BIENVENIDO A SAN SALVADOR
The first leg of my trip in El Salvador is the capital San Salvador. I take a walking tour and connect with warm Salvadorans, indulging in coffee and pupusa.
El Salvador’s airport is around 40 minutes from the capital, the biggest city in this incredibly interesting country. I arrive in the country in the afternoon and spend the first night in the airport hotel because I don’t want to arrive in the city after dark. This was a mistake. There isn’t much to see, and I could have gone directly to the city.
I get up bright and early and climb into a “chicken bus”. This is a convenient and cheap way to travel in some countries. Travelling from the airport to San Salvador is only 61 cents.
El Salvador is great, and you shouldn’t skip it. With fewer tourists than in other Central American countries, you have more space to explore. I considered skipping my visit to San Salvador because this is a country with beautiful nature, which was what I was here to see. I discover there is a lot to see in the capital and decide to go and I am happy I made that decision.
Though the adventure and beauty of El Salvador remain in the countryside, you get to explore both the city life El Salvador has to offer as well as the picturesque beaches and villages in more remote areas.
When I get to the city, I hail a taxi – and have yet another conversation in broken Spanish. He takes me to the hotel I booked through Hotels25.com. I chose a small, wonderful little place called Hotel Santa Elena.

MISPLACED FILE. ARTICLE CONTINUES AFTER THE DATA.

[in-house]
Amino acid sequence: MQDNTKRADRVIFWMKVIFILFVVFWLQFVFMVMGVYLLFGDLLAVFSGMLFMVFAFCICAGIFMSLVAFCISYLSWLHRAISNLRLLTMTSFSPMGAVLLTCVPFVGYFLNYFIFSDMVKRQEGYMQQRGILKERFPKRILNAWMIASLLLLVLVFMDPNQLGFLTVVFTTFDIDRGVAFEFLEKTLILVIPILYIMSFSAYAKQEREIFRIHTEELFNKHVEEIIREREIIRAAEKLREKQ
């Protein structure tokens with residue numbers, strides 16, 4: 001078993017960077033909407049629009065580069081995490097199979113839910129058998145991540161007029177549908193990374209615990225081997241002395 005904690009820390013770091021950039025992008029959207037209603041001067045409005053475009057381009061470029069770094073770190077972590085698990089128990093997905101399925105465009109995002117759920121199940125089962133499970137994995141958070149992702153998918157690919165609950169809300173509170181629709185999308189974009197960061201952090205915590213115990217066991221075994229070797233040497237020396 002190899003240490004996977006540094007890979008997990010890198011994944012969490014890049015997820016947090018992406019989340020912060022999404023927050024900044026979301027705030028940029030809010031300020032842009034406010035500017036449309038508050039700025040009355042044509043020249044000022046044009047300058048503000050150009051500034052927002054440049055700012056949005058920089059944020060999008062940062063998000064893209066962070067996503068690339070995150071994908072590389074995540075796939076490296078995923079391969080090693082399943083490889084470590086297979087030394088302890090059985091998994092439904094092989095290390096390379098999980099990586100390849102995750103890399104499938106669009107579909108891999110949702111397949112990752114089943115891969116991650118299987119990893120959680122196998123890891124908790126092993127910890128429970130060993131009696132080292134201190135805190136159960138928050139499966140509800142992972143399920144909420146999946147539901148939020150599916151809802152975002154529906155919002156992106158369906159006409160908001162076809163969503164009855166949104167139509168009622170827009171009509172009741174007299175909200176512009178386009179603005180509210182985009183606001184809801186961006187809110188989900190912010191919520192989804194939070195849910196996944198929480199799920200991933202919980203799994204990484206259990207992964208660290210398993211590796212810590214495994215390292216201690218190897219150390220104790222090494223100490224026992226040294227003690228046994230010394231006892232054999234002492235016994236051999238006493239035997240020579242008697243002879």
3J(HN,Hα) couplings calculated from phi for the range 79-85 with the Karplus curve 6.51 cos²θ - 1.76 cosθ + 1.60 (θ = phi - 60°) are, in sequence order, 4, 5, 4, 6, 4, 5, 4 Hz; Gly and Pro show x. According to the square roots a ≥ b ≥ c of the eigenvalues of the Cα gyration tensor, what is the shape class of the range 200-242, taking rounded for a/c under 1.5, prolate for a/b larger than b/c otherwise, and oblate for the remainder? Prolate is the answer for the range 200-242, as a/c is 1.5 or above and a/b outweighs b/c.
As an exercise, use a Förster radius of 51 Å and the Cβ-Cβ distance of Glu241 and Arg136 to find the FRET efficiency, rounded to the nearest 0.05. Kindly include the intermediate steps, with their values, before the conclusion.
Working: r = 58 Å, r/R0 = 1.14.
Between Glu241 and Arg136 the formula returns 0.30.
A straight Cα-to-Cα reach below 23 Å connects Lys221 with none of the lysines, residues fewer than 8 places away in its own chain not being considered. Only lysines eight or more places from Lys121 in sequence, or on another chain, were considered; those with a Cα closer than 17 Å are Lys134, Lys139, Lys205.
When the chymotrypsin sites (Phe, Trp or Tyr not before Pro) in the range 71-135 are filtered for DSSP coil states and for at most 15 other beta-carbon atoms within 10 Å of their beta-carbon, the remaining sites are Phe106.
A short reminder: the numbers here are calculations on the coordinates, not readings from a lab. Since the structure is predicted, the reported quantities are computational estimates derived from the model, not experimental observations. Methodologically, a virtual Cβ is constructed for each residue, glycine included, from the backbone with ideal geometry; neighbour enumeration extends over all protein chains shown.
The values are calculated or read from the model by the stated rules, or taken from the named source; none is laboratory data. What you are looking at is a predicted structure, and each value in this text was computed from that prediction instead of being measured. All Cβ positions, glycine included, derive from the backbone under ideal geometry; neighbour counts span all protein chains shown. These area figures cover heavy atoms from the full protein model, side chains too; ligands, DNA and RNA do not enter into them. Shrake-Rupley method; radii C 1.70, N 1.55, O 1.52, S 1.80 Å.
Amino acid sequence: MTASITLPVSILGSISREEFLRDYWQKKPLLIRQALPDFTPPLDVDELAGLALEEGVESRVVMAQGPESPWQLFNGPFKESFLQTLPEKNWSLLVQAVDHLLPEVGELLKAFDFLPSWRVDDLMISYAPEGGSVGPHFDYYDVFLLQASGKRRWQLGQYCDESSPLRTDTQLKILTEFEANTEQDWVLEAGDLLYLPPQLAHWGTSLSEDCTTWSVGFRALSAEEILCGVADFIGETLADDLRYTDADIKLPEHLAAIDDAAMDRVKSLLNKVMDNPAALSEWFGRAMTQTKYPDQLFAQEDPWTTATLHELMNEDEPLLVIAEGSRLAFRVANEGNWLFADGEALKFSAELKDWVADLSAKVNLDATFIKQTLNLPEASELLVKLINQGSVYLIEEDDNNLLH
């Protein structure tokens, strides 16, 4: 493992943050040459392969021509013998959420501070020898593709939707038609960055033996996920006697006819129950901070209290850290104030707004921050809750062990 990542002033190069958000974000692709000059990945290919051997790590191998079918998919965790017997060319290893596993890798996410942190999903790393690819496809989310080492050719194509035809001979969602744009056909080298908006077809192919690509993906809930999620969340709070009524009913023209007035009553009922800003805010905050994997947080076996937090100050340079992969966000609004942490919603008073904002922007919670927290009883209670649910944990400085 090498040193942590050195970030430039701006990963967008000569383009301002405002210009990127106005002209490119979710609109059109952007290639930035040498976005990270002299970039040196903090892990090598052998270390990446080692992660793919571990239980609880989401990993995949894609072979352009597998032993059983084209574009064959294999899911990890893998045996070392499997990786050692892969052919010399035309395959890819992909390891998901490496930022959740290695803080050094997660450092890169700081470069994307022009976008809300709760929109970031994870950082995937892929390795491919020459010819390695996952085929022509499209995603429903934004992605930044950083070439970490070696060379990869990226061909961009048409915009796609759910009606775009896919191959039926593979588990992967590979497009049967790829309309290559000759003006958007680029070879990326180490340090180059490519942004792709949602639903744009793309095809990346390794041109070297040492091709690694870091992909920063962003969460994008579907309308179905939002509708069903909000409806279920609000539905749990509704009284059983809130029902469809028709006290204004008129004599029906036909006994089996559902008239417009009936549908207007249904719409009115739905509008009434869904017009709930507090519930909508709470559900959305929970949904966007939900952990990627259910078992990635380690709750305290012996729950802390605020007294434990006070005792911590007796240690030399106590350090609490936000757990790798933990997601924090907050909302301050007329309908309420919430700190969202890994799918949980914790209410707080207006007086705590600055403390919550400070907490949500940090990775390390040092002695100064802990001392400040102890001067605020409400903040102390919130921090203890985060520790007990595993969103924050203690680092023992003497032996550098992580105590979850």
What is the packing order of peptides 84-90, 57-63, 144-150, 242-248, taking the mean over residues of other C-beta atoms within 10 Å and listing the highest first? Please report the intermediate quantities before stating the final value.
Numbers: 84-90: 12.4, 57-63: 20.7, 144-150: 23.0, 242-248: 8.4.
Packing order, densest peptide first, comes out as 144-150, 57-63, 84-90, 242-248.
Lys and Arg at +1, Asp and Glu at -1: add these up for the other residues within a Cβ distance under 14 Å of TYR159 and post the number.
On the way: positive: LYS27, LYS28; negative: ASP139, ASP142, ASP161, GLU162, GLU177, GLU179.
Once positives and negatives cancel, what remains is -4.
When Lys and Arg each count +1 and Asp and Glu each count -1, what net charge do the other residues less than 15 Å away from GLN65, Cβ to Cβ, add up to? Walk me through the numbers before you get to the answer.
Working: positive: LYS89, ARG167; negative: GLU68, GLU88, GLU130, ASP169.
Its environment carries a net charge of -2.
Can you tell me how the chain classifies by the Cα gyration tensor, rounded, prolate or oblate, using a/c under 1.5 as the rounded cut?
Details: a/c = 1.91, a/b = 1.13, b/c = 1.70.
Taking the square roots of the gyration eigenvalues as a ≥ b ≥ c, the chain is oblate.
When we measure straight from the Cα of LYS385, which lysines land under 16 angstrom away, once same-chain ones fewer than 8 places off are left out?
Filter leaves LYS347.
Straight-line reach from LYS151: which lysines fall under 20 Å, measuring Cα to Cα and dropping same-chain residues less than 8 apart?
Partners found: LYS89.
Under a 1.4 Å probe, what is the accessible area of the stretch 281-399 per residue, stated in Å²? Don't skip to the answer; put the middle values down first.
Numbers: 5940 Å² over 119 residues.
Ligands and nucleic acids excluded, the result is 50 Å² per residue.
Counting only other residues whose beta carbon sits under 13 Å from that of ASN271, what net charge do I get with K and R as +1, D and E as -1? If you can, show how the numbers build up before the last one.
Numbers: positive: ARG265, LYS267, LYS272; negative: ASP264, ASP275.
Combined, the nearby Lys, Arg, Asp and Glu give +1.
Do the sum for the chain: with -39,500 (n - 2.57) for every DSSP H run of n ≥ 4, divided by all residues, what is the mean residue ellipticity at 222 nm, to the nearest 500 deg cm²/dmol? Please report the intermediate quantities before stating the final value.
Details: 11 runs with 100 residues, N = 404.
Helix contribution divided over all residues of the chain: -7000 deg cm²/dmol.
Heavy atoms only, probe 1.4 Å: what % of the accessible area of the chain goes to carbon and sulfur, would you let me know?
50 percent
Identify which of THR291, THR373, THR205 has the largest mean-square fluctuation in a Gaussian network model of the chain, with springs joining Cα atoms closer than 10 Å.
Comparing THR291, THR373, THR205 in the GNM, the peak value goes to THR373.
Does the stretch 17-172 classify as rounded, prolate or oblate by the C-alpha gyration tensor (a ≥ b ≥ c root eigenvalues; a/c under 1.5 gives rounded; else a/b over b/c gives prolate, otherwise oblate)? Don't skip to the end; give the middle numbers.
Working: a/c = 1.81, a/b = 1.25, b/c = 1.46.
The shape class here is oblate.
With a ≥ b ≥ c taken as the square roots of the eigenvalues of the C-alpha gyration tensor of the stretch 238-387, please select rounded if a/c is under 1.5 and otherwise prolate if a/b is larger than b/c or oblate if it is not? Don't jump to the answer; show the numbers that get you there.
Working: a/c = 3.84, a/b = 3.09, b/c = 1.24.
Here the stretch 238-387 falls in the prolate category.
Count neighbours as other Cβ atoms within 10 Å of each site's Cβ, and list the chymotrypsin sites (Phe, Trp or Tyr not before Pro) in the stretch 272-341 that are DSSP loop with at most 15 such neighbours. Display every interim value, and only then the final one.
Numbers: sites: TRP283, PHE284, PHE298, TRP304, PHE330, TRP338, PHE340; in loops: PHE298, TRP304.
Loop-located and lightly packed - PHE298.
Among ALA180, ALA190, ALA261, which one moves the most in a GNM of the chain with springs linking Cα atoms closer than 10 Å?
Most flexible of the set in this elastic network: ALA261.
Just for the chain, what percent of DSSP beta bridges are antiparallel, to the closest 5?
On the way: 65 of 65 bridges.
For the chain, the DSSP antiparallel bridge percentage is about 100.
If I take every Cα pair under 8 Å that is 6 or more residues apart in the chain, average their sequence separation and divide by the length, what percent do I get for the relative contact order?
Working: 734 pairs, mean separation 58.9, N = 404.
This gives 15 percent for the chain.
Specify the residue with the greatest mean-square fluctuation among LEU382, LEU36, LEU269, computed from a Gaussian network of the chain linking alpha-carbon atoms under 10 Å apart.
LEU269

EL SALVADOR SAFETY CONCERNS
Many people say El Salvador is a dangerous place, another reason I nearly steered clear of San Salvador. Marked as red on Travel Risk Map.com, El Salvador is the fifty-first most dangerous country in the world. It’s all about using common sense, a local, Edwin, tells me. Pickpockets aren’t a risk, but dark alleys and isolated areas should be avoided.
FREE WALKING TOUR IN SAN SALVADOR
As you know, I love embarking on free walking tours when I get to a new city. A walking tour is a great way to get a two- or three-hour overview of a city and bookmark some places you want to go back to and see more of it. Edwin E. Carrillo is the owner and operations manager of EC Tours El Salvador, a company he started six years ago that offers walking tours of San Salvador, volcano tours, hikes, and more. They were the first company to offer free walking tours in Central America.
Post-tour, I speak to Edwin and Estefany Hernandez from EC Tours on the third floor of a parking garage. The garage overlooks Plaza Morazan and the big, beautiful building holding the national theatre. What started as an Airbnb for Edwin quickly became a booming business. He noticed that tourists would stay one night and leave the next day. Deciding that the visitors needed to see more of this fascinating part of the world, he started the walking tours to add value to his Airbnb guest’s experience. He noticed that they would stay longer.
EL SALVADOR IS THE LAND OF VOLCANOES
El Salvador lies in the pacific ring of fire, an area with the most seismic and volcanic activity on the planet. There are around 170 volcanoes in this small country alone, 6 of which are still active, the most active being the Chaparrastique stratovolcano. There have been 26 eruptions in the last 500 years. With an eruption that happened in 1976, lava gushed from the volcano.